A change in state law meant to rein in the cost of Colorado high schools that allow students to stay longer to earn college credit has forced the Denver district to slow down its expansion of the model.
District officials were proposing adding another “early college,” as the schools are known, to the seven that already exist in Denver Public Schools. But on Thursday, Antonio Esquibel, the district’s executive director of early college who submitted the application to open the school, confirmed he was withdrawing it.
“With the change in statute, it will force us to have to rethink what early college is and what it should look like in Denver Public Schools,” Esquibel said.
Denver’s seven early colleges are:
- Southwest Early College (charter)
- CEC Early College
- West Early College
- Denver School of Innovation and Sustainable Design
- Dr. Martin Luther King Jr. Early College
- High Tech Early College
- Manual High School
The school board was scheduled to vote on whether to approve the school, temporarily called Denver Early College High School, at a meeting Thursday night. It could have opened as soon as 2019, either as a brand new school or a replacement for a low-performing school. The application said it would “provide all students the option to enroll for an additional one to two years to obtain credits leading toward or culminating in an associate’s degree.”
But the change in state law essentially prohibits early college students from staying in high school for a fifth or sixth year for the sole purpose of taking free college courses.
A bill lawmakers approved earlier this month defines early colleges as schools where students earn an associate’s degree or at least 60 college credits alongside their high school diploma. The bill specifies that the curriculum “must be designed to be completed in four years.”
Lawmakers in the Colorado House and Senate passed the bill, but it has not yet been signed into law by the governor. Denver district officials did not testify against it publicly.
Lawmakers wanted to change the law because they feared the early college model would become too expensive. Currently, the state pays for early college students who stay in high school for a fifth or sixth year at the regular per-pupil rate, which varies by district. In the case of Denver Public Schools, it’s $7,939 per student this year, according to state budget analysts.
There are currently 20 early colleges in Colorado, up from five in 2009. While only 315 students this year were in their fifth or sixth year, trends indicated that number would grow. Last year, there were 224 students in a fifth or sixth year. In 2013, there were only 84.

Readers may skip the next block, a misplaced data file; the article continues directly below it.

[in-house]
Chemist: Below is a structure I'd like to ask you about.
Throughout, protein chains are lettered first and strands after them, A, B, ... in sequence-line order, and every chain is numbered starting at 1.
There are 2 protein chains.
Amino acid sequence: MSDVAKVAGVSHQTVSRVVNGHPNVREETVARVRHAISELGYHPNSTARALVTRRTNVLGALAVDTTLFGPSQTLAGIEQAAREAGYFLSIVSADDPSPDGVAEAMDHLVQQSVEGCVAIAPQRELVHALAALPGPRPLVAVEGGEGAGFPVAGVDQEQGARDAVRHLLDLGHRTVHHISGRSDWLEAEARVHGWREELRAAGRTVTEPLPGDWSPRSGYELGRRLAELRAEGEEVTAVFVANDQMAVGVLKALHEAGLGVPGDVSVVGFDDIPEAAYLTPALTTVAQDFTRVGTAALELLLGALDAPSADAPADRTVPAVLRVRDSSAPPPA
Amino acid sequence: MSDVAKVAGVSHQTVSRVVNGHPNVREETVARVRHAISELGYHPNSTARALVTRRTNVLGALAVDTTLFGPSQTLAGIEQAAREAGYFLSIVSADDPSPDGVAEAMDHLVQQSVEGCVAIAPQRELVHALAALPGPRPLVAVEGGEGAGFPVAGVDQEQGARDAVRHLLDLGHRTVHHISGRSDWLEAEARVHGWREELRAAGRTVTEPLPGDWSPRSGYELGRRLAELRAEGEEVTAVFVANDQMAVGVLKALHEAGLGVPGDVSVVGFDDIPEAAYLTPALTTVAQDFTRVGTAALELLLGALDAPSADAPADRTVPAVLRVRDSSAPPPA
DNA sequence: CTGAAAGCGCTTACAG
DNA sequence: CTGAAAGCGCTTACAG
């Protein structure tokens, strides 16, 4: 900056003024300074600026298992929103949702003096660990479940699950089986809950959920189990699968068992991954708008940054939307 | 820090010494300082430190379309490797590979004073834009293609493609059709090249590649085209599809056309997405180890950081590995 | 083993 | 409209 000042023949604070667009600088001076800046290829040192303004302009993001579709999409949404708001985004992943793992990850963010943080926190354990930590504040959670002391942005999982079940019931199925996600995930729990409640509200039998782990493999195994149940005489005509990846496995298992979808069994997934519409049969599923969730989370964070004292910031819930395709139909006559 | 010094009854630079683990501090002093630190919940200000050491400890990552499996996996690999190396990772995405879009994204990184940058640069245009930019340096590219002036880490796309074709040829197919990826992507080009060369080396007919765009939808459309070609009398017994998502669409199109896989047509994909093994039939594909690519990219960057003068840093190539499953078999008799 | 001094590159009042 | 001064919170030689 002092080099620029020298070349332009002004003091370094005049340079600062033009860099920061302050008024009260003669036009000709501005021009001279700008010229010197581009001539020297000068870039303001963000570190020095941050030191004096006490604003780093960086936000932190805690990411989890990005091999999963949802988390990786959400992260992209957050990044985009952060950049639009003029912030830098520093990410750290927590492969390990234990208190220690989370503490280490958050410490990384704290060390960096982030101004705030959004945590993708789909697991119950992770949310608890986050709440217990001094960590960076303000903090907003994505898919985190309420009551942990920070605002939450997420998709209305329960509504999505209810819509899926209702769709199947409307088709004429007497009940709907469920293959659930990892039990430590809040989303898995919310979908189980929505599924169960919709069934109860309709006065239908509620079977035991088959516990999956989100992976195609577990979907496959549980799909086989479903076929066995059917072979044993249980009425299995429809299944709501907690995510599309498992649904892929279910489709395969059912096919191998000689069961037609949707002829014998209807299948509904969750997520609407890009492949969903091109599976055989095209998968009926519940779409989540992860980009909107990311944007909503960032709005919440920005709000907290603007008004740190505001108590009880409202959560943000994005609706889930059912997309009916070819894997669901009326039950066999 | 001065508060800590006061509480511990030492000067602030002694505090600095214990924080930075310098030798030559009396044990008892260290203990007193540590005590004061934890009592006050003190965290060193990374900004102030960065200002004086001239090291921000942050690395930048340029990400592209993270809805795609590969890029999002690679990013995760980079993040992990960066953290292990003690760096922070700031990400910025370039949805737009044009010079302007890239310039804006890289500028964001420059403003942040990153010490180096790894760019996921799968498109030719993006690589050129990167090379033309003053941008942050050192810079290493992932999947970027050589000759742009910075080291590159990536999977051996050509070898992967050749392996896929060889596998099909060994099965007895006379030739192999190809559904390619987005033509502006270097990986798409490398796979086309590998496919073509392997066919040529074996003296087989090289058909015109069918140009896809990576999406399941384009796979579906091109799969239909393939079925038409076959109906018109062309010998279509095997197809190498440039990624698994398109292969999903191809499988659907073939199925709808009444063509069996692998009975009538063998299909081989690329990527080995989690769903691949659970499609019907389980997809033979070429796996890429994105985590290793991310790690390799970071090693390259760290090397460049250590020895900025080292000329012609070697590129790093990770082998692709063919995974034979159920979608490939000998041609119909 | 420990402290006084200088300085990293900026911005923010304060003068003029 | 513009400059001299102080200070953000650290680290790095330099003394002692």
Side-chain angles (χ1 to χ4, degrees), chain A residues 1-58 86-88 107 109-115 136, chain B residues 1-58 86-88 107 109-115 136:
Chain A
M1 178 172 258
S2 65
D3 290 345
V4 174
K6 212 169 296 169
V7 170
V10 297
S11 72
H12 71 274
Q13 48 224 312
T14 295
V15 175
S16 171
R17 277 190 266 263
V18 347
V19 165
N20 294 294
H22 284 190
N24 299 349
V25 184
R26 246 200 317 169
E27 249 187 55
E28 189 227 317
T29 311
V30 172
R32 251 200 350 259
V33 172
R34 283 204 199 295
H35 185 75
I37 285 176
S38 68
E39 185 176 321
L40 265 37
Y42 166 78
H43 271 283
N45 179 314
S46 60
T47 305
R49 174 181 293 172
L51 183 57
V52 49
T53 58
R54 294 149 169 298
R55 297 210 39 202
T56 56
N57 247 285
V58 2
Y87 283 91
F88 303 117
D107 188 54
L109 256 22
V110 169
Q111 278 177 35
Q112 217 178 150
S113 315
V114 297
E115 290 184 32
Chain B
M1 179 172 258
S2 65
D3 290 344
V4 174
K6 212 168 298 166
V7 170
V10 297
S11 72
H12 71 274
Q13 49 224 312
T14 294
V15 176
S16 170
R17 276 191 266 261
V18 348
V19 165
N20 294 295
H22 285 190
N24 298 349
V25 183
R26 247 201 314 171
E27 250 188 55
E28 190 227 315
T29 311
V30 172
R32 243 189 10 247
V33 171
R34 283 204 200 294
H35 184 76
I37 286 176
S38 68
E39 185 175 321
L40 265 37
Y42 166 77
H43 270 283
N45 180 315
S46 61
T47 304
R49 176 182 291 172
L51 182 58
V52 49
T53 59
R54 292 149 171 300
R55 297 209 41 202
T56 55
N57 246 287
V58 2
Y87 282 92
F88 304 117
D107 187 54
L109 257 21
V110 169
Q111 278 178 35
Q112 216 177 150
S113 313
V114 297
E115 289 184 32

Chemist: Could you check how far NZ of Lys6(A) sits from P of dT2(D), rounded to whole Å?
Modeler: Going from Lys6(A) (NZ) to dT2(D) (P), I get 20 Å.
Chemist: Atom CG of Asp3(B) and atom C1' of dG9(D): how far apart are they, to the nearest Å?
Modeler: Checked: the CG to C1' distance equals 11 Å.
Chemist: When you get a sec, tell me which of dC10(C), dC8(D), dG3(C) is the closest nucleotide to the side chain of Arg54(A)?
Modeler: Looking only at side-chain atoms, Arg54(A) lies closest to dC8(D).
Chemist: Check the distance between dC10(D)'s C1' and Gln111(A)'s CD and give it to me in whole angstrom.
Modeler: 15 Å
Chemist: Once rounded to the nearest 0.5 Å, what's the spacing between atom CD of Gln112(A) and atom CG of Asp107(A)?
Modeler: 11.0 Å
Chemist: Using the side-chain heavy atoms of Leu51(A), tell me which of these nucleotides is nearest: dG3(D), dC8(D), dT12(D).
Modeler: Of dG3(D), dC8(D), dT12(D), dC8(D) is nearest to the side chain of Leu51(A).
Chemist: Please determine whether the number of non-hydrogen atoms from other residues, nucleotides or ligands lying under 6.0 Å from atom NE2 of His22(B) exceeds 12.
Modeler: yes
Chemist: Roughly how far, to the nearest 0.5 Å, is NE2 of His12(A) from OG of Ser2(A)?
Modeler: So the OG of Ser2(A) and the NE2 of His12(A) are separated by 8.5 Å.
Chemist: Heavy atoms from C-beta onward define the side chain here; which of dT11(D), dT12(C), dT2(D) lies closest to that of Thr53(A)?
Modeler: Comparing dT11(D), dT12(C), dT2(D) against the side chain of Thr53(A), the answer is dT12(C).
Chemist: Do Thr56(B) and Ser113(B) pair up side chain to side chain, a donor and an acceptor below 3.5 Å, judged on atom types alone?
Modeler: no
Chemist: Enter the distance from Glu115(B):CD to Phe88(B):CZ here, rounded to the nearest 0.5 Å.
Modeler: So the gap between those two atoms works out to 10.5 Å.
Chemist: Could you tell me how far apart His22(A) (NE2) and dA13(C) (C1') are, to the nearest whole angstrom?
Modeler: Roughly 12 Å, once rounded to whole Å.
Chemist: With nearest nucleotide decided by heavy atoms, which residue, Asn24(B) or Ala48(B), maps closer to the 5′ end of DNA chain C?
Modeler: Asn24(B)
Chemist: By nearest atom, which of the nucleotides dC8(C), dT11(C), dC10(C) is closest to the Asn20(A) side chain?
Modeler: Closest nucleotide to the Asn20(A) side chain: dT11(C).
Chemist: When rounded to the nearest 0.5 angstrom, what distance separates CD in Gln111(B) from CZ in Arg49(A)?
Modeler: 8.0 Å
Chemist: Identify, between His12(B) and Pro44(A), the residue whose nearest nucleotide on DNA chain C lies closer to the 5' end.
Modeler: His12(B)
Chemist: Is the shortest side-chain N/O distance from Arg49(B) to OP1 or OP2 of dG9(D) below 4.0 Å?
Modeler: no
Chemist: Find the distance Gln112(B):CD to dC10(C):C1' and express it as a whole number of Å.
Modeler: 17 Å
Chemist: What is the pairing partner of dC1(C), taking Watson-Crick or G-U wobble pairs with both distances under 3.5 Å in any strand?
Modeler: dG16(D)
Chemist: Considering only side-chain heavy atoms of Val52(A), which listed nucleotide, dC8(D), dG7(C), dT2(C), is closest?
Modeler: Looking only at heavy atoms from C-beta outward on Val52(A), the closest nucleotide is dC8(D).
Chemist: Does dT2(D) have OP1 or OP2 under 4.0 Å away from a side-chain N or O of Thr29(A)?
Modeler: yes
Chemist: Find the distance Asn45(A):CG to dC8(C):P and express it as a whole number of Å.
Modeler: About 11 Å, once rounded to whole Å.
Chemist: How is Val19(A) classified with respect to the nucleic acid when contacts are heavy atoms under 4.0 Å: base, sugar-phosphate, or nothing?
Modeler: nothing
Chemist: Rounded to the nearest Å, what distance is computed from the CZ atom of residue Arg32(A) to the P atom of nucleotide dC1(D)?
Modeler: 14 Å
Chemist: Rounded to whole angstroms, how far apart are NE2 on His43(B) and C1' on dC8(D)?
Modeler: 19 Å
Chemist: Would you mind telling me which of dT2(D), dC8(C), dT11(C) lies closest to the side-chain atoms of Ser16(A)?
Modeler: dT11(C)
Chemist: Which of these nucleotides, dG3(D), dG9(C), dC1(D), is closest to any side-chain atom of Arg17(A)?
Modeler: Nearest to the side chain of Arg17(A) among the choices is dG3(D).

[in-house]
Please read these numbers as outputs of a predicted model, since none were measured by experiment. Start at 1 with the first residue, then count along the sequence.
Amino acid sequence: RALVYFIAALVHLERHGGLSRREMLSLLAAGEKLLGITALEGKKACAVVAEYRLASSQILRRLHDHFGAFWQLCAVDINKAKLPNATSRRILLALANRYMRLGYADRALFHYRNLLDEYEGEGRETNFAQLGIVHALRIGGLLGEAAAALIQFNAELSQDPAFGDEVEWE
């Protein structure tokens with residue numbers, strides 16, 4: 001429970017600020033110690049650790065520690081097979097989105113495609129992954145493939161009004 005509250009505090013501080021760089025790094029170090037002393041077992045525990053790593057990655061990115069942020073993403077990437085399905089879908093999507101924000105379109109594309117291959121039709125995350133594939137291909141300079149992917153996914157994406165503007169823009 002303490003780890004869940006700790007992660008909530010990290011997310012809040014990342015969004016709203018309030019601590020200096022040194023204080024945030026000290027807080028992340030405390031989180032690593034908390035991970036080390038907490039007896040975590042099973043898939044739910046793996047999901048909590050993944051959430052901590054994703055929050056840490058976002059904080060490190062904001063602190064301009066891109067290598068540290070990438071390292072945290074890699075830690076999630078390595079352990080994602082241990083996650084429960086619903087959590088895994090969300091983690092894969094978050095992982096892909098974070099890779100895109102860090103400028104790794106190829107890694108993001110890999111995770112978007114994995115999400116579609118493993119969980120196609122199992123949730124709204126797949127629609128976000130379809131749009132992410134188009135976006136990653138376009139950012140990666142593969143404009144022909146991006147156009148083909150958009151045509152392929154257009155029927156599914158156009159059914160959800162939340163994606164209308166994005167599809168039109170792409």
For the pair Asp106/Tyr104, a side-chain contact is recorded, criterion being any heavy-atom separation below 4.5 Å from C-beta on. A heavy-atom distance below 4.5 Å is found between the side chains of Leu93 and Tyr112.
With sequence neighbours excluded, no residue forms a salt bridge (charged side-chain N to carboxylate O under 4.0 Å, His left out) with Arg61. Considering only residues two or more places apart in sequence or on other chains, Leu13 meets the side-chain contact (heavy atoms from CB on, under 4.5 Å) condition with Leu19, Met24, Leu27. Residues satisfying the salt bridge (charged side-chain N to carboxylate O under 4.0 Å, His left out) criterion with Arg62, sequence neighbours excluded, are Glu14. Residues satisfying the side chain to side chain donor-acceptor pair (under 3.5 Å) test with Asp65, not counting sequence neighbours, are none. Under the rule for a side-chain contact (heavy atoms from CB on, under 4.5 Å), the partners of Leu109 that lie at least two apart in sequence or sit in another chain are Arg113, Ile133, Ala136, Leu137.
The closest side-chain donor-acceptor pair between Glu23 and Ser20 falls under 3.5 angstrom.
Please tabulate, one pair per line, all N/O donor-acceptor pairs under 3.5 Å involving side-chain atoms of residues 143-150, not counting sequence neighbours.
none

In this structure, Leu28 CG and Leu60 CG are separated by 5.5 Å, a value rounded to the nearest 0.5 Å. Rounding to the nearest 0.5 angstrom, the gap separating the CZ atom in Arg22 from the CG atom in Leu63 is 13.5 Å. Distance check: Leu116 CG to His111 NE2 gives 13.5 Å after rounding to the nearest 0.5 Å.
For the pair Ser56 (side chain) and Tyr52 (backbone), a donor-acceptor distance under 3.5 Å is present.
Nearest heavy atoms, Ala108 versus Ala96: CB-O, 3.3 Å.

Denver’s proposed early college was based on a six-year model. At a presentation to the school board last week, Esquibel said most Denver students would likely earn just 12 college credits during their first four years of high school, and then stay for a fifth and sixth year earning 24 credits each year to get them to a total of 60, which is typically how many credits a student needs to earn an associate’s degree.
Most students in Denver’s early colleges are students of color from low-income families who are on track to be the first in their families to go to college, Esquibel said.
“Unfortunately, our students of color don’t have as much access or opportunity to take college courses or, for that matter, enroll in a college,” he told the board. “So the concept of an early college was created specifically for that reason: to buck the trend.”
School board members praised the idea.
“We have these age-old timelines that, for some reason, this is how we believe young people should go through school,” said board president Anne Rowe. “What you’ve been able to do is really push the model. … That out-of-the-box thinking is so important.”
Given the impending change in state law, Esquibel said he and other district officials will spend the next several months figuring out how to make the early college model work in four years instead of six. The leaders of other Colorado early colleges have said most of their students complete the requirements in that time, and Esquibel said Denver officials have been studying early colleges in Texas whose students do it in four years.
“It’s a little daunting, but we’ve seen schools across country doing it,” he said.
Esquibel said he hopes to re-submit the application for a new early college in the fall.
The district will have to reconfigure its six existing early colleges, as well, he said. (The seventh early college is a charter school.) However, high school juniors and seniors currently enrolled and planning to stay for a fifth or sixth year won’t be affected by the bill. It allows districts to receive full state per-pupil funding for those students in the 2018-19 and 2019-20 school years.